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CASE REPORT Table of Contents  
Ahead of print publication
Spuriously low thyroid-stimulating hormone? A laboratory phenomenon


1 Department of Biochemistry, Apollo Hospitals, Chennai, Tamil Nadu, India
2 Department of Hematology and Clinical Pathology, Apollo Hospitals, Chennai, Tamil Nadu, India

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Date of Submission23-May-2022
Date of Decision21-Jul-2022
Date of Acceptance25-Jul-2022
Date of Web Publication22-Aug-2022
 

  Abstract 


Thyroid gland is an endocrine gland with vital functions regulating metabolism, growth, and development. The tests used to assess the functions of the thyroid gland include thyroid-stimulating hormone (TSH), free thyroxine, and free tri-iodothyronine. TSH is routinely measured in the clinical laboratory with automated immunoassays to diagnose and monitor thyroid disorders. We present a case wherein the discrepancy between the clinical symptoms and the biochemical test results raised the possibility of methodological interference in laboratory testing, finally leading to a detection of a rare genetic mutation in the patient. This case reiterates that clinical correlation of laboratory results and effective communication between the clinician and the laboratory are imperative for a correct diagnosis and therapeutic interventions.

Keywords: Genetic mutations, spurious results, thyroid hormones, thyroid-stimulating hormone


How to cite this URL:
Danalakshmi S, Soni M. Spuriously low thyroid-stimulating hormone? A laboratory phenomenon. Apollo Med [Epub ahead of print] [cited 2022 Sep 27]. Available from: https://apollomedicine.org/preprintarticle.asp?id=354226





  Introduction Top


Thyroid gland is an endocrine gland with vital functions regulating metabolism, growth, and development. The tests used to assess the functions of the thyroid gland include thyroid-stimulating hormone (TSH), free thyroxine (FT4), and free tri-iodothyronine (FT3).[1]

TSH is released by the pituitary gland in response to the blood levels of active thyroid hormones (free T4 and free T3). If the blood thyroid hormone levels are low, the TSH will be elevated and vice versa because of the feedback control mechanism between the thyroid hormones and TSH.[2]

This relationship between TSH and thyroid hormones may be altered due to pathophysiological conditions such as TSH resistance, subclinical hyper- or hypothyroidism, central hypothyroidism, isolated TSH deficiency, and nonthyroid illnesses and a methodological interference during the processing of the sample in the laboratory.[1],[3]

TSH is routinely measured in the clinical laboratory with automated immunoassays. These immunoassays are considered to be gold standard assays as they have high specificity and sensitivity and a short turnaround time. A normal TSH indicates euthyroidism with an accuracy of >99%, except for central hypothyroidism involving a hypothalamic or pituitary disorder.[4]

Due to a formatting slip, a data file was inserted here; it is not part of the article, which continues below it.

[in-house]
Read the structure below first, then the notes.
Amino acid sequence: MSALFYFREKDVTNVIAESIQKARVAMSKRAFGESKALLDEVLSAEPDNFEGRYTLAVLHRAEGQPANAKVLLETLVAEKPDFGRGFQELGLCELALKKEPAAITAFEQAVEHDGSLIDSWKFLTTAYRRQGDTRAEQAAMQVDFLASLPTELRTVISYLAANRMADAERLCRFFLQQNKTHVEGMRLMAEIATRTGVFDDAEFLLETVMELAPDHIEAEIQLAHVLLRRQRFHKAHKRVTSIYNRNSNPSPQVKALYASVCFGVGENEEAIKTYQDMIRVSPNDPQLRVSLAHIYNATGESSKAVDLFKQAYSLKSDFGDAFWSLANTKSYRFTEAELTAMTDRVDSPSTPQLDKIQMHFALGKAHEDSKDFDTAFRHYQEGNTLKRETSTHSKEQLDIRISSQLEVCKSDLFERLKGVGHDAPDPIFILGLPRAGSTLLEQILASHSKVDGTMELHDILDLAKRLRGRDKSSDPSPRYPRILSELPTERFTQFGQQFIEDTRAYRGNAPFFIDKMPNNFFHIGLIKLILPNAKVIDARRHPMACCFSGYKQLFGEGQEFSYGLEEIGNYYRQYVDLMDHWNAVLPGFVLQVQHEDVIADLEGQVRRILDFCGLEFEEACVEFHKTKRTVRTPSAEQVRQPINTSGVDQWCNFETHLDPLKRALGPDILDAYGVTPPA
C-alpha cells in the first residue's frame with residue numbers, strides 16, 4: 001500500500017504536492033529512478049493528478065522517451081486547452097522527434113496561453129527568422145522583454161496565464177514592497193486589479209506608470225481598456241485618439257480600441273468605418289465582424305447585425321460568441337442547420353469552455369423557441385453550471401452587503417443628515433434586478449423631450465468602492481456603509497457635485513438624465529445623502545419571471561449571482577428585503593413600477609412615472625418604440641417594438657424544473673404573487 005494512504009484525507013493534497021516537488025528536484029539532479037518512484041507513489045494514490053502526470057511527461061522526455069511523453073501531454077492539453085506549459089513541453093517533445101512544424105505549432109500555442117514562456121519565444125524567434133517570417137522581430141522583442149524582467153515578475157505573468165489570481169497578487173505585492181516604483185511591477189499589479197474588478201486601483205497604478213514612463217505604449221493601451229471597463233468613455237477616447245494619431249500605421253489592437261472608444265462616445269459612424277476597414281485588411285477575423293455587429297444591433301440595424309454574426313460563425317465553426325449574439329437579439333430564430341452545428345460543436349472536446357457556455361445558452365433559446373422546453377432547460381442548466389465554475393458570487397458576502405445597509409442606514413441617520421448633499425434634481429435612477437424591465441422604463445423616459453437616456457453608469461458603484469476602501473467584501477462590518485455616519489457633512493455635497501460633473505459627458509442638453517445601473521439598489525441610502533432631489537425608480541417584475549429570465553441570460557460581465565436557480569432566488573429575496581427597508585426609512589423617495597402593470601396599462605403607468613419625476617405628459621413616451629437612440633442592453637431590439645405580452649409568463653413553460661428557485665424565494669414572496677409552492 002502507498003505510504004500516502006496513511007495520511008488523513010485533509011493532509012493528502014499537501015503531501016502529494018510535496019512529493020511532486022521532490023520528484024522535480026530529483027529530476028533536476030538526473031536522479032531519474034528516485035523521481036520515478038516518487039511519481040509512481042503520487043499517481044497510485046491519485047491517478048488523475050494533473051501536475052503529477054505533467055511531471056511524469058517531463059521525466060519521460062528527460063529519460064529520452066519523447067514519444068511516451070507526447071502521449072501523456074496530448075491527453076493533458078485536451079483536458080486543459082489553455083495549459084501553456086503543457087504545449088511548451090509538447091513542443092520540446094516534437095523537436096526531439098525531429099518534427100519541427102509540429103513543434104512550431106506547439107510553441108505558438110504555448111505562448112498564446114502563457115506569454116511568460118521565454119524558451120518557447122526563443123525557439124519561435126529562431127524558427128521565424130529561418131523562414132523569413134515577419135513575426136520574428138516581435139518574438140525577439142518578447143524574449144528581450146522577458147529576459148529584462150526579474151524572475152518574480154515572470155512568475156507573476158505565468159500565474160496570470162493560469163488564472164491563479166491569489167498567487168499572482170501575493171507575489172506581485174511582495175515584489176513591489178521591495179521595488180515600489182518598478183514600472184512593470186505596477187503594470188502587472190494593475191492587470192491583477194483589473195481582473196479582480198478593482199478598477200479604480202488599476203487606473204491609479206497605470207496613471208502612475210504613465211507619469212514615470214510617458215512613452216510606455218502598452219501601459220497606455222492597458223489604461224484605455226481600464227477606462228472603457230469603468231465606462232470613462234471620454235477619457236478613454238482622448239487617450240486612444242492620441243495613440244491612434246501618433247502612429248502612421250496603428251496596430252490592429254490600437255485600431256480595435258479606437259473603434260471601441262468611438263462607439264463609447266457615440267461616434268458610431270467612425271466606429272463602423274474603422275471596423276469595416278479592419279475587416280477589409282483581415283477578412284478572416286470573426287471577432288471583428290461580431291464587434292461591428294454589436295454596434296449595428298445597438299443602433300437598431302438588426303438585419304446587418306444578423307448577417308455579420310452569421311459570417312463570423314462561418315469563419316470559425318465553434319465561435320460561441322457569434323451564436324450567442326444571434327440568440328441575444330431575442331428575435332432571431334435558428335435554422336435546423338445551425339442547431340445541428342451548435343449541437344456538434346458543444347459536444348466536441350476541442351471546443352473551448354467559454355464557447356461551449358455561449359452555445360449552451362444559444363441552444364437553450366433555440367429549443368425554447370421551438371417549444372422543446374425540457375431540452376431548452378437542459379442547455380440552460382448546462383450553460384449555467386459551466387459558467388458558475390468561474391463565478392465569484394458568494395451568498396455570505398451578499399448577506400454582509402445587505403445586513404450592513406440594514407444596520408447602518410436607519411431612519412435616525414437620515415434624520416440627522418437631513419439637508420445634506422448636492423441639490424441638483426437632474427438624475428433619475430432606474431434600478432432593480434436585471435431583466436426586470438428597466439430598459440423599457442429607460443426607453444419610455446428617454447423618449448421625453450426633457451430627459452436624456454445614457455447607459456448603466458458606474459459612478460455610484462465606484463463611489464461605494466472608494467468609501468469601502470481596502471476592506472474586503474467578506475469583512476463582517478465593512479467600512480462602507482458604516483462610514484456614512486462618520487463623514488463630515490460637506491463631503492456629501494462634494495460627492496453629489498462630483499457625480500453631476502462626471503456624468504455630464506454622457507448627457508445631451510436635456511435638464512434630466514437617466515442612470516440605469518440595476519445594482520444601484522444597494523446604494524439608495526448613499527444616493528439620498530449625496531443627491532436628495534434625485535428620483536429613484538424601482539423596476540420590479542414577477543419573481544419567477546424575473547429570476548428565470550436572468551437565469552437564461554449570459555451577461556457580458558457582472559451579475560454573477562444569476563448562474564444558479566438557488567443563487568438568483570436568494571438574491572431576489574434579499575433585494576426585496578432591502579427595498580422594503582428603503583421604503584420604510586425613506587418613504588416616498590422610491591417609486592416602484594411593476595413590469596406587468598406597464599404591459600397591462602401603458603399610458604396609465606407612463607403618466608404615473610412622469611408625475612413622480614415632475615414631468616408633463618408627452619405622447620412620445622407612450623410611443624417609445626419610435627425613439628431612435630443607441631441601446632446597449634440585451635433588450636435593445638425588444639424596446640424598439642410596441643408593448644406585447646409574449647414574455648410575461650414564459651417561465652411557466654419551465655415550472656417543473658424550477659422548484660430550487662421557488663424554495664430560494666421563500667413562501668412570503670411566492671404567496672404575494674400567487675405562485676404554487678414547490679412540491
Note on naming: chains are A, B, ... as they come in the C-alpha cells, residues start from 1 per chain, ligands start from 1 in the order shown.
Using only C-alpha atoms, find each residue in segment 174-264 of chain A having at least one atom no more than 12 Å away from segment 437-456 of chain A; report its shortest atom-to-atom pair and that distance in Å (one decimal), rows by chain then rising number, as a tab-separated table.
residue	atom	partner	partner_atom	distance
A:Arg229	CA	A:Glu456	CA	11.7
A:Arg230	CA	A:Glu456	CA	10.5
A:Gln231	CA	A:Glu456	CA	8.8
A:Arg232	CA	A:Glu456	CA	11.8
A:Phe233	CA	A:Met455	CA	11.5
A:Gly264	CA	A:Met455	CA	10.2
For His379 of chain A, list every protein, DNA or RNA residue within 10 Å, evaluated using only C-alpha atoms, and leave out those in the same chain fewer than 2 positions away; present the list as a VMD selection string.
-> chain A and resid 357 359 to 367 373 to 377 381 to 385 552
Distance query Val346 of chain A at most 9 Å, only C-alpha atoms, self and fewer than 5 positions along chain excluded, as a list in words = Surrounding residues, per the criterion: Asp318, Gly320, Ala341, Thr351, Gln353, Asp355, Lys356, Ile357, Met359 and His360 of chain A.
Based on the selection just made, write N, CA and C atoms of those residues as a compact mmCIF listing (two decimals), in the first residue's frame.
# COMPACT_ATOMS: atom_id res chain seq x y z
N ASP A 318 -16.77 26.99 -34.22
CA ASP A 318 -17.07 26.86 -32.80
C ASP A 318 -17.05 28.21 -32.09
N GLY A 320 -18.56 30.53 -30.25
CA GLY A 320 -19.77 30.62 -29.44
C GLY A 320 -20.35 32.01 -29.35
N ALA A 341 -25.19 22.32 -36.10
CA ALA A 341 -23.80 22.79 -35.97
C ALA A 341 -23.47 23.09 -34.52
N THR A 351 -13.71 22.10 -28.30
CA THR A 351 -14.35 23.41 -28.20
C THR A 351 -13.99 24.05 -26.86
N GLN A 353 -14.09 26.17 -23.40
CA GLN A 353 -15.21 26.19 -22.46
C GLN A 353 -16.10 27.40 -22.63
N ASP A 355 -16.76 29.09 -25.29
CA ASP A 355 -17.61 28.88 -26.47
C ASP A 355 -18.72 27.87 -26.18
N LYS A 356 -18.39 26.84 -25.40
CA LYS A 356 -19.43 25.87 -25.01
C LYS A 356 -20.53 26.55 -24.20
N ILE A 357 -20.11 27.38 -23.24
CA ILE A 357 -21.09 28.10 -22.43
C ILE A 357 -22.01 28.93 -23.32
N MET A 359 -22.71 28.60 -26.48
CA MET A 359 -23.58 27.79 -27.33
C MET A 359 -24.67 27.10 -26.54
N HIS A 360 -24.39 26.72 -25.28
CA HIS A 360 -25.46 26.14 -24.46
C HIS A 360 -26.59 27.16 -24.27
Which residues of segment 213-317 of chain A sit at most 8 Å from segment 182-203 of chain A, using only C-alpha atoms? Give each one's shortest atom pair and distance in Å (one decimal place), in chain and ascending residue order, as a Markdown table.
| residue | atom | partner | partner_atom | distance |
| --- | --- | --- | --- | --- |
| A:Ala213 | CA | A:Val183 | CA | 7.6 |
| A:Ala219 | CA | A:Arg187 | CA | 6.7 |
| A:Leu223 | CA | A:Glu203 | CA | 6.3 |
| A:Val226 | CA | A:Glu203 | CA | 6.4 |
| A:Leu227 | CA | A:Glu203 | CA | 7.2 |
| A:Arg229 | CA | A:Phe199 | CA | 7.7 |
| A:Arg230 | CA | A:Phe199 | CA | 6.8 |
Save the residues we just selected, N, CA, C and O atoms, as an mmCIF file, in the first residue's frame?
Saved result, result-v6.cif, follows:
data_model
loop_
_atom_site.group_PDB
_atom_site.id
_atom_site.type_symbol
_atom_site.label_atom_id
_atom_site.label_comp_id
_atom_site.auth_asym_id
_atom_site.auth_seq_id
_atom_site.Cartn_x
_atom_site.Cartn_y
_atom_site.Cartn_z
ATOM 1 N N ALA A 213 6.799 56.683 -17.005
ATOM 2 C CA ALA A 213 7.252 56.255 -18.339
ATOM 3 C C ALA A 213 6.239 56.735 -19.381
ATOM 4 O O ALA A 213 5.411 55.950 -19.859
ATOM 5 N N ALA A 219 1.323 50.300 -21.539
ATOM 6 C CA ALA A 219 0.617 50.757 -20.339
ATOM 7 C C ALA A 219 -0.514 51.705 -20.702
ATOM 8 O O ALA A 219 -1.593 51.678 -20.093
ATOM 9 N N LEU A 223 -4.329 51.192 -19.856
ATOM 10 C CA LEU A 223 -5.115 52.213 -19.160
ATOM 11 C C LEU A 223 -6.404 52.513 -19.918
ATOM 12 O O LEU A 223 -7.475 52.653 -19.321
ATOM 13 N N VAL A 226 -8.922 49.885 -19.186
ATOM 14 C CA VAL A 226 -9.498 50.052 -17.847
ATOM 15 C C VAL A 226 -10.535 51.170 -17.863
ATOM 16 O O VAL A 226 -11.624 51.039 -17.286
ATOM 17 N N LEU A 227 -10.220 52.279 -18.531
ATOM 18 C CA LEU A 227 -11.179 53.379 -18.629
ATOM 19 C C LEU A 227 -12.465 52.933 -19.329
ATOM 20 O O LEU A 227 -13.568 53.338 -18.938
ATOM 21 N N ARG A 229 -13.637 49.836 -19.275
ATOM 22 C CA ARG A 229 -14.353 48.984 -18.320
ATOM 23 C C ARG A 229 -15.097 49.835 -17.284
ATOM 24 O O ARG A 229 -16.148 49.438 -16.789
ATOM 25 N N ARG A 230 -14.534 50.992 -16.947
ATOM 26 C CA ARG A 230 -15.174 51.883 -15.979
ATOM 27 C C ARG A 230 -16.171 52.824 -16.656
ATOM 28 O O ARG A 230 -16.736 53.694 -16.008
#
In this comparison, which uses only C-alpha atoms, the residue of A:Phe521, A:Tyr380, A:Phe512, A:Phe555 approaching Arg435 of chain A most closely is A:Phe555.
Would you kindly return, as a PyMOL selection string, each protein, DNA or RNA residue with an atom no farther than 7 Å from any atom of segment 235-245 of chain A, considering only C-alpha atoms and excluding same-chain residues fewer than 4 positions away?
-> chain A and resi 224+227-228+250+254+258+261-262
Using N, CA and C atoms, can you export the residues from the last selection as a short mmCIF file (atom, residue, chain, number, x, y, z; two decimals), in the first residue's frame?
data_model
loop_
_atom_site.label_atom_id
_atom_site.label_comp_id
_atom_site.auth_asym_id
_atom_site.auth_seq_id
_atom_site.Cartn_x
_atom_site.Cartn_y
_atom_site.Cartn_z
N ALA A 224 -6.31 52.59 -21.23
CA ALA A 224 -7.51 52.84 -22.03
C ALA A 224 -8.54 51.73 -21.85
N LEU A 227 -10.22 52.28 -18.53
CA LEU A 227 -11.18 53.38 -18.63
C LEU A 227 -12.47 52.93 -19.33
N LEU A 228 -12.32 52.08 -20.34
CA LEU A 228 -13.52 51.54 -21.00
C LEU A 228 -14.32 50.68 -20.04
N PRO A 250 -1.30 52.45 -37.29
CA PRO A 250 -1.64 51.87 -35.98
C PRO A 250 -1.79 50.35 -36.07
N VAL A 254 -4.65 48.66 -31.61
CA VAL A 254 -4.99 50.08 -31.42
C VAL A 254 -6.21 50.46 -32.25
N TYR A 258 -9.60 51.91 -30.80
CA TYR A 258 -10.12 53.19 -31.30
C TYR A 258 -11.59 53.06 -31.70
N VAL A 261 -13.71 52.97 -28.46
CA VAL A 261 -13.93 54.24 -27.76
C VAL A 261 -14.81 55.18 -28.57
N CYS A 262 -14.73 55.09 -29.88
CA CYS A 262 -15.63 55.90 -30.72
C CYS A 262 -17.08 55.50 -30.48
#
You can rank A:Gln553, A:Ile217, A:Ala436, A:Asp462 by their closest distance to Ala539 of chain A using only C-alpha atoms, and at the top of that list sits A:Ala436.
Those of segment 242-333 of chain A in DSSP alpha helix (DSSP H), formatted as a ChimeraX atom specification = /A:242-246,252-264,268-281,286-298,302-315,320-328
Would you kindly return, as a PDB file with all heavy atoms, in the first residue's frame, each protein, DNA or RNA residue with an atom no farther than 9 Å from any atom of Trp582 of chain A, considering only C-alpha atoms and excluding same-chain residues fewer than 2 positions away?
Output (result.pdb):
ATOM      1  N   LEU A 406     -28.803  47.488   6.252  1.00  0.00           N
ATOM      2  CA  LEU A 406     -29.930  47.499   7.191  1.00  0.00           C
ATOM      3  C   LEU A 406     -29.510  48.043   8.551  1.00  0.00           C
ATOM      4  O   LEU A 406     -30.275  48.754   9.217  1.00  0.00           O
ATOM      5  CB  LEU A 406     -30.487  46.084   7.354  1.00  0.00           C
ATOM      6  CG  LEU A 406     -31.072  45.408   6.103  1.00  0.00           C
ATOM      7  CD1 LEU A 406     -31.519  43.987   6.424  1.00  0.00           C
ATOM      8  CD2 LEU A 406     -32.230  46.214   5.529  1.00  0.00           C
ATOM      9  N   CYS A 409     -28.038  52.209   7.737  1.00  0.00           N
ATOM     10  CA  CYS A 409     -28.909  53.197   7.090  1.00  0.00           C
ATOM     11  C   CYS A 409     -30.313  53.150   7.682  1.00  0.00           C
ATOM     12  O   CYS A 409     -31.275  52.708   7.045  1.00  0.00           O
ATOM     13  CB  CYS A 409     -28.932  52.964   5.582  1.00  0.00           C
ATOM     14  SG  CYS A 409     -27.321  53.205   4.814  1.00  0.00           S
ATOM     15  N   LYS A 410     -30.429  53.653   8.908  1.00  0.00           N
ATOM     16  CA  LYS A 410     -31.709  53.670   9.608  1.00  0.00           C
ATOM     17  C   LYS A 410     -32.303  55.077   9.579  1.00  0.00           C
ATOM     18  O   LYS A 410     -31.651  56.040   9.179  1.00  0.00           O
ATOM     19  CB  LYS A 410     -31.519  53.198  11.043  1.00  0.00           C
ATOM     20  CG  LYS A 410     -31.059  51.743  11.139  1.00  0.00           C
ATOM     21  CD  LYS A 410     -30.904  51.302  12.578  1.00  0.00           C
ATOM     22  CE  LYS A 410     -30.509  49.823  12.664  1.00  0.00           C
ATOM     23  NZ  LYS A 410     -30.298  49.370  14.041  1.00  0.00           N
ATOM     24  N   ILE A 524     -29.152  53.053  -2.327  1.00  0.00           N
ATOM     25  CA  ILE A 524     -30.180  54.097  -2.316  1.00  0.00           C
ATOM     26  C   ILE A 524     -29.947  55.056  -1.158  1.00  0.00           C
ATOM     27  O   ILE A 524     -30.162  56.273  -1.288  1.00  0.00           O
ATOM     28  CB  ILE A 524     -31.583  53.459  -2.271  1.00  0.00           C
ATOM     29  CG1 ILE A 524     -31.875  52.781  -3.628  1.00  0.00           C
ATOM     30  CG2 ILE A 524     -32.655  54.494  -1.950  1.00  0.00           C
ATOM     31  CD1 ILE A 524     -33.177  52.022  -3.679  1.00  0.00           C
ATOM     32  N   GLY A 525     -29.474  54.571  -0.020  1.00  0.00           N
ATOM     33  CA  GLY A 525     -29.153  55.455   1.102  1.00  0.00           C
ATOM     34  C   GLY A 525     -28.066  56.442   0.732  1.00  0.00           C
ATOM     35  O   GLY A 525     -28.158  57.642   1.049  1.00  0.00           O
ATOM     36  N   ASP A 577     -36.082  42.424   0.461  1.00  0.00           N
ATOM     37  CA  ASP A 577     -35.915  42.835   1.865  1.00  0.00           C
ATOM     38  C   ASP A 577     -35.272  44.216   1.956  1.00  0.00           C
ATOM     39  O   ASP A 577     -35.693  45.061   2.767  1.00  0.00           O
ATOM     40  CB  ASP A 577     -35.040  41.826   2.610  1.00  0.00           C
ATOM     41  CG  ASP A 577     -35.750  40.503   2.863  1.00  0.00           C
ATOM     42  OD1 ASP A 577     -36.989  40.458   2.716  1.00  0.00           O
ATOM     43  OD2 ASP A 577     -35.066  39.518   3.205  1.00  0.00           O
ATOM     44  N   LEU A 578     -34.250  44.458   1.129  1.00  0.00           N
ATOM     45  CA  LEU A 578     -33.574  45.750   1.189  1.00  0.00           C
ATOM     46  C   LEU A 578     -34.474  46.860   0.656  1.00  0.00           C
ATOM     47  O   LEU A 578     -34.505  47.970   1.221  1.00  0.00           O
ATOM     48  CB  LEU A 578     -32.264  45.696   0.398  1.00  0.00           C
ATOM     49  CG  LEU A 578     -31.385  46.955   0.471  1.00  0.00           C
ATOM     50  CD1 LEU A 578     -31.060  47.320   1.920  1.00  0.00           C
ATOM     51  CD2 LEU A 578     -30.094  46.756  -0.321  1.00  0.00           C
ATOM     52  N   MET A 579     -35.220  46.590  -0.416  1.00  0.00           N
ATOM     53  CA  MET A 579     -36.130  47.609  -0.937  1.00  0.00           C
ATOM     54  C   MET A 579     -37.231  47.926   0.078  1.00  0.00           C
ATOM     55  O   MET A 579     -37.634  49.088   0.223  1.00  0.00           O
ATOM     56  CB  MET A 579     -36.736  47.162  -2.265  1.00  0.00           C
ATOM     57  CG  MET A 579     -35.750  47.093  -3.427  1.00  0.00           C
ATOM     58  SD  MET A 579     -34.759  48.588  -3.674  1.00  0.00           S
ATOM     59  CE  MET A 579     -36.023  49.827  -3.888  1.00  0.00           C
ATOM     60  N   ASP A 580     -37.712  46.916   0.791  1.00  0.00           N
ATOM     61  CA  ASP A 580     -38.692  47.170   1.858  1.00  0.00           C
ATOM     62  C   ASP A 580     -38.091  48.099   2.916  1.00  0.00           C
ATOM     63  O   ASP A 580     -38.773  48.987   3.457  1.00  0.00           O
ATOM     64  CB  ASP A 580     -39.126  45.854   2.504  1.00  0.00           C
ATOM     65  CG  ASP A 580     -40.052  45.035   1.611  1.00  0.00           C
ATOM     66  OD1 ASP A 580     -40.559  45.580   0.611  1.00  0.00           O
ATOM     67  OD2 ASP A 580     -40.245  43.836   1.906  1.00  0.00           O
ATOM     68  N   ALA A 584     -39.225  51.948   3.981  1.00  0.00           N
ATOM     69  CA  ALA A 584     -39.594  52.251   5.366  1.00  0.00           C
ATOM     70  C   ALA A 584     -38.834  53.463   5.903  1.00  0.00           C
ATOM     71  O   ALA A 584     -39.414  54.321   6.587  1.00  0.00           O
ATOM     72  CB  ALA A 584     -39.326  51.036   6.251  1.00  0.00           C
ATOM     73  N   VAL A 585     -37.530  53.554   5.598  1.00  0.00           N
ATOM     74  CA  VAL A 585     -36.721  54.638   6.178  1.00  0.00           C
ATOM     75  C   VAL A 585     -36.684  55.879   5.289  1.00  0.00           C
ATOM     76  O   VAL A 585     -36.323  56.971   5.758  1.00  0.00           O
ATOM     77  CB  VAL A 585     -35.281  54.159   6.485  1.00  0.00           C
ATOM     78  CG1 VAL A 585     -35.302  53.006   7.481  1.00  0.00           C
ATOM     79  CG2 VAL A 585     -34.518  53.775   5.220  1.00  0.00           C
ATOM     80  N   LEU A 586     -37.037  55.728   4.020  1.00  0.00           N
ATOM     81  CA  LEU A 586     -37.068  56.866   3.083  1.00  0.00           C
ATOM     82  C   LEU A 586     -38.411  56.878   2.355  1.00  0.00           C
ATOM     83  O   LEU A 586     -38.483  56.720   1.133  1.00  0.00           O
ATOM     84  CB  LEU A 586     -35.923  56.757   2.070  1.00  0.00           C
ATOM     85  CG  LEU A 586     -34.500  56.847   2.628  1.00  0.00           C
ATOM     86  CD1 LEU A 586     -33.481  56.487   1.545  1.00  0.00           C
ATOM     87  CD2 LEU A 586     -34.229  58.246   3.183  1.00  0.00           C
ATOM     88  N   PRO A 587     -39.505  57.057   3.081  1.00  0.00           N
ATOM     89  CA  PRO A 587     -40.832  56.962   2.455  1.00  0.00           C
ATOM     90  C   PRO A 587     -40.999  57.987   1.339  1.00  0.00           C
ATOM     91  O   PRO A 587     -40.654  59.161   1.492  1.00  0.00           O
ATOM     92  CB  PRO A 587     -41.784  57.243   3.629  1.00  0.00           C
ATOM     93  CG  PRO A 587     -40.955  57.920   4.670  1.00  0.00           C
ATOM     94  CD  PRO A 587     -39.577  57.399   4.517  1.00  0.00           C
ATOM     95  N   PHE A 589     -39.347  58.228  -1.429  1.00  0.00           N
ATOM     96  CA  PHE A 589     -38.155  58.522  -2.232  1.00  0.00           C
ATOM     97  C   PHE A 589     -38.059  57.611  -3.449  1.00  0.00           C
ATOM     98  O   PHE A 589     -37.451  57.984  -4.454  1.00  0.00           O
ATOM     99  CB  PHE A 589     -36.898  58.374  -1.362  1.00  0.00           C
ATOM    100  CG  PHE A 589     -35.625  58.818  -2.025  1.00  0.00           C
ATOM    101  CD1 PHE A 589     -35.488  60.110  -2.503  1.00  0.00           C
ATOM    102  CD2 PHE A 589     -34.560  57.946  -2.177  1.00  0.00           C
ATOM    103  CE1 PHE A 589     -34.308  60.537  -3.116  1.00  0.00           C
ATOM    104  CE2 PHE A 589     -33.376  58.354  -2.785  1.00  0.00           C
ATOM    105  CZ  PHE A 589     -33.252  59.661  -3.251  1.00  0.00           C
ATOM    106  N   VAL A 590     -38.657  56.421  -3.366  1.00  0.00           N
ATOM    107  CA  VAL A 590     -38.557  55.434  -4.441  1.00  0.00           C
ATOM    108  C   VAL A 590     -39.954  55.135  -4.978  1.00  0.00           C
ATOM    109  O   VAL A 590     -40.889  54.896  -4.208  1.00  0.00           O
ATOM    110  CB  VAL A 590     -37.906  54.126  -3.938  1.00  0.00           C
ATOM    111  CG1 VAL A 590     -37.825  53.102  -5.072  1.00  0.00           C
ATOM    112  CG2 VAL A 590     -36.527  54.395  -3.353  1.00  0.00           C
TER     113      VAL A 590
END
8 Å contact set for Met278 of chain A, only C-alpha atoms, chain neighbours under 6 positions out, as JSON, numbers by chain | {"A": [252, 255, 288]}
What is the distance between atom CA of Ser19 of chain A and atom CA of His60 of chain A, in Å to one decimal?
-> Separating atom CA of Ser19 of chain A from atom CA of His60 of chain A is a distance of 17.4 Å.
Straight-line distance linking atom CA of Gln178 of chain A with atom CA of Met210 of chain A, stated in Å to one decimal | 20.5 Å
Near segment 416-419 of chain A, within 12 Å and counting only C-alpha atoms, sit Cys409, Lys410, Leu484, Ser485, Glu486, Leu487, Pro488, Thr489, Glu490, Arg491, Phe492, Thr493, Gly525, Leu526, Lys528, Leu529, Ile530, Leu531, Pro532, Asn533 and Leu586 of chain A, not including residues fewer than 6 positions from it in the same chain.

There has been a significant improvement in immunoassays of thyroid function over the years. For example, third-generation TSH assays have a functional sensitivity of 0.008 mIU/L compared to 1.0 mIU/L with first-generation assays. However, interferences remain a significant problem in thyroid function testing using immunoassay platforms. Troubleshooting these interferences and releasing accurate reports remain a challenge for the laboratory as the interferences may be unique to an individual (e.g., presence of heterophilic antibodies like human anti-mouse antibodies and rheumatoid factors), inducing false-positive or false-negative results.[5]


  Case Report Top


We report a case of a 2-year-old child who was small for gestational age and had poor weight gain. The laboratory received the blood sample for analysis of TSH, free T3, and free T4. The tests were performed in Centaur XP analyzer using Siemens reagents. TSH assay was performed using TSH3-UL (ultra), a third-generation assay for TSH. The result showed that the TSH was very low while FT3 and FT4 were normal. The child was further investigated for thyroid antibodies (antithyroglobulin and antimicrosomal antibodies) and thyroid receptor-stimulating antibodies. An MRI of the brain was done with plasma adrenocorticotropic hormone and insulin-like growth factor-1 to rule out central hypothyroidism. All the results were within normal limits. Clinical reasons could not be ascertained for very low levels of TSH, and hence, it was decided to repeat the thyroid function tests after 3 months. The repeat analysis also gave a similar result for TSH as before. As the results were not correlating clinically, there arose a strong suspicion of methodological interference. The laboratory decided to perform the TSH assay on two other platforms of immunoassay (Beckman and Abbott). TSH values were found to be normal in both of these platforms [Table 1]. A TSH variant was suspected in the child, and a genetic analysis of the TSH gene was ordered.